Without corporate spending, it does make Iain Robertsonwonder if the Range Rover phenomenon would be as great as it is, yet Velar needs to earn its company car slot, which it does admirably, disturbing electronic maladies notwithstanding.
To start a test, knowing that there is a full-tank of fuel on-board, is a major part of the great expectations of carrying out a product review. However, when not one but all three of that car’s digital dashboard screens refused to ignite, a sense of confidence was eradicated quite efficaciously. Yet, as the engine was running, the lights working and I could dial-in ‘Drive’ on the pop-up selector, I guessed as to what the road speed might be and drove into oblivion.
Fortunately, over 100 miles later, upon restart, all seemed to be in order and the fuel gauge was still showing contents halfway between full and three-quarters of a tank. Not having tripped any speed cameras was a bonus, even though the operational conditions could be classified as ‘illegal’. It was not the only aspect of dependability that concerned me with Velar…
Every now and then, when doing this job, I touch on car names, mainly because picking the wrong one, or believing that a carmaker has invented a new one, might result in frantic legal action, from which only the copyright lawyers gain. I can recall being on the Volvo stand at a former London Motor Show, when a writ was served on the most senior member of the (then) Swedish firm’s management team, for having the temerity to name its new model ‘S4’. The brochures, Media Packs and even the car badges had to be removed and a new name arrived at quick-sharp. The plaintiff was Audi and the Volvos S40 and V40 were born.
Back in the late-1960s, just before Land Rover unwittingly struck a gold seam, a run of prototype models carrying the name ‘Velar’ covered hundreds of thousands of miles in world-wide reliability trials. The Velar was the near-final version of the car that changed the face of the 4×4 scene – the Range Rover. The name was chosen from the Italian word ‘velare’, which means to cloak, or cover, which was appropriate for such a closely-guarded secret as the new Range Rover, at a time when genuine secrets did exist in the motor industry. In total, 26 examples wore Velar badges and a number of them, much-coveted, remain in circulation.
While familial cues are central to the latest Range Rover Velar, they are far more evolutionary than revolutionary and it is abundantly clear that they owe more to the company’s most successful Evoque model than the grandee Range Rover. Although many reviews of the Velar have been strangely low-key and moderately cool, which might presuppose that the brand needs its ‘most beautiful’ status (a styling award won recently), I am of the belief that it is a car that has confused the line-up and anyone observing it. After all, it is a big Rangie and there is already a big Rangie in the range, as well as a Sport variant. Yet, when you drill down into the line-up, its actual place becomes blatantly obvious.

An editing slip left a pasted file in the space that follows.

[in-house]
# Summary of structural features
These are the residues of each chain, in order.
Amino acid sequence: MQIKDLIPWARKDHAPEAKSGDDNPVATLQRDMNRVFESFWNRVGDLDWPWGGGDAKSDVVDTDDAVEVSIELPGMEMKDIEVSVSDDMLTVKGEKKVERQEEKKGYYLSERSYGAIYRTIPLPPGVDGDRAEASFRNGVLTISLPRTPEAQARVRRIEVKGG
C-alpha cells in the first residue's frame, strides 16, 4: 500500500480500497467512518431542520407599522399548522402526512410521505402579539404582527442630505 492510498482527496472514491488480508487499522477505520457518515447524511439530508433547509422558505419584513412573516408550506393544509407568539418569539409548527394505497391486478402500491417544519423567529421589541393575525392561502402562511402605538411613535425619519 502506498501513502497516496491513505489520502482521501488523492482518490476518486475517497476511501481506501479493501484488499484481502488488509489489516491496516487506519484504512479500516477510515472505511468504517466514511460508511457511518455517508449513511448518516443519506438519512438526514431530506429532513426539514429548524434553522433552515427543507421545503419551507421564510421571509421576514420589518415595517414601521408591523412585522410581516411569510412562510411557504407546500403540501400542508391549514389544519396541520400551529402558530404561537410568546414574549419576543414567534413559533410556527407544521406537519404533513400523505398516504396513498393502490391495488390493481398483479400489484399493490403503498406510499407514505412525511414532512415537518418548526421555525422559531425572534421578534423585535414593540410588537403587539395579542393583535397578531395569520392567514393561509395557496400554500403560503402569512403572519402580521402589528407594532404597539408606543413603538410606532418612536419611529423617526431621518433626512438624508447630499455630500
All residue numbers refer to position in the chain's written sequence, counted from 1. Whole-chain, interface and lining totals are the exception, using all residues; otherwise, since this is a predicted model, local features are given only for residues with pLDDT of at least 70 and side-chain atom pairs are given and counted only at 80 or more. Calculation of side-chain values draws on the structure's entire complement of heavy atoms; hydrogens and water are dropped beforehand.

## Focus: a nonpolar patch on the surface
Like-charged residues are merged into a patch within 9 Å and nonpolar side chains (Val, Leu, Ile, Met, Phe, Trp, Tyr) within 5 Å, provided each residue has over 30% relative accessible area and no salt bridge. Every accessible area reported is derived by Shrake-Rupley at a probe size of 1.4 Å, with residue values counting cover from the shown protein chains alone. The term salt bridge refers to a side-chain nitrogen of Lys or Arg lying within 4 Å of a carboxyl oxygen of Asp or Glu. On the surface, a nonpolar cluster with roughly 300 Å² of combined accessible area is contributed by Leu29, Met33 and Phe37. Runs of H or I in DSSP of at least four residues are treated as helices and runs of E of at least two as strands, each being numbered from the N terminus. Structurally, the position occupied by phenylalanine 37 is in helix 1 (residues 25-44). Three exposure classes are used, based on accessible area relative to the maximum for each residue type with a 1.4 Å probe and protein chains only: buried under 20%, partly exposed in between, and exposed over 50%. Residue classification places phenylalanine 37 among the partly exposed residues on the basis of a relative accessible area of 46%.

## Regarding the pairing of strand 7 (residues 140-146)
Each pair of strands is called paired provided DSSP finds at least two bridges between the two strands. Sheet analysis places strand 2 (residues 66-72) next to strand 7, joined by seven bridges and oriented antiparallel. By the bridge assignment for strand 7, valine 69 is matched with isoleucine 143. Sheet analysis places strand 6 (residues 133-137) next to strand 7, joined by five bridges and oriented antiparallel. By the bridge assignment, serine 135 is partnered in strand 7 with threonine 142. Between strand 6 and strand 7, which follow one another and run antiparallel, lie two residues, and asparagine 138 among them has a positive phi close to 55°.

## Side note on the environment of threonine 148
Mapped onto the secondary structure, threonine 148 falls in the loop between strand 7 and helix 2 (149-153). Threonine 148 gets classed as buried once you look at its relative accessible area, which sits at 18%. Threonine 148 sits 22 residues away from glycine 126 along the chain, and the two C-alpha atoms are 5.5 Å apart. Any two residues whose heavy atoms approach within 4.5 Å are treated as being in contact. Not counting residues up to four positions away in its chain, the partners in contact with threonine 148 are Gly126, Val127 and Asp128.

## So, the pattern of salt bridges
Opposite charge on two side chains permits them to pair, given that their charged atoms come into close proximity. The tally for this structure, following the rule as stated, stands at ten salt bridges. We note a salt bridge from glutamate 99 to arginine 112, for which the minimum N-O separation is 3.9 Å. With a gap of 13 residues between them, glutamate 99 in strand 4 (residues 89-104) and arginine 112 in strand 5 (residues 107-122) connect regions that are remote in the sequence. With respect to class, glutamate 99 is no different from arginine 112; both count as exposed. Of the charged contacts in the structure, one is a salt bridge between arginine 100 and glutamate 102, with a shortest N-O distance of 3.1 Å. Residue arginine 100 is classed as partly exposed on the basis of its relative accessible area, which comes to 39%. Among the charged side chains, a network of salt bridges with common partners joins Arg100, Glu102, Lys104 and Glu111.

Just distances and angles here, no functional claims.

Velar is a rather spicy jam in the Range Rover sandwich. Contrasting dimensions, with list pricing, provides more of the answer:
|Range Rover Evoque||4.3m||From £30,800|
|Range Rover Velar||4.8m||From £45,100|
|Range Rover Sport||4.87m||From £61,600|
|Range Rover||5.0m||From £80,000|
Perhaps more intriguing is that Velar appears to be a trial platform ironically, when you recall its past, for the rest of the range, not in exterior appearance, even though it does seem extraordinarily long and purposefully smooth, but with its interior accoutrements. The driver is fronted by a digital display screen, when it works, that is entirely configurable to meet personal requirements, from dials, to read-outs, with navigation and other details playing whichever role is assigned to them.
While some cars make do with one, or even two screens, the Velar has no less than three, the pair in the centre console that so conveniently separates both front seat occupants being of an angle-flexible upper that manages connectivity (media player, cameras, sat-nav and telephony) and a larger, lower screen that provides even more information but manages heating, ventilation and seating controls, plus vehicle status and terrain control…although the stereo information can also be expanded. The graphics are of HD photo-quality and look phenomenal at night-time. This same package is being fed into other RR models.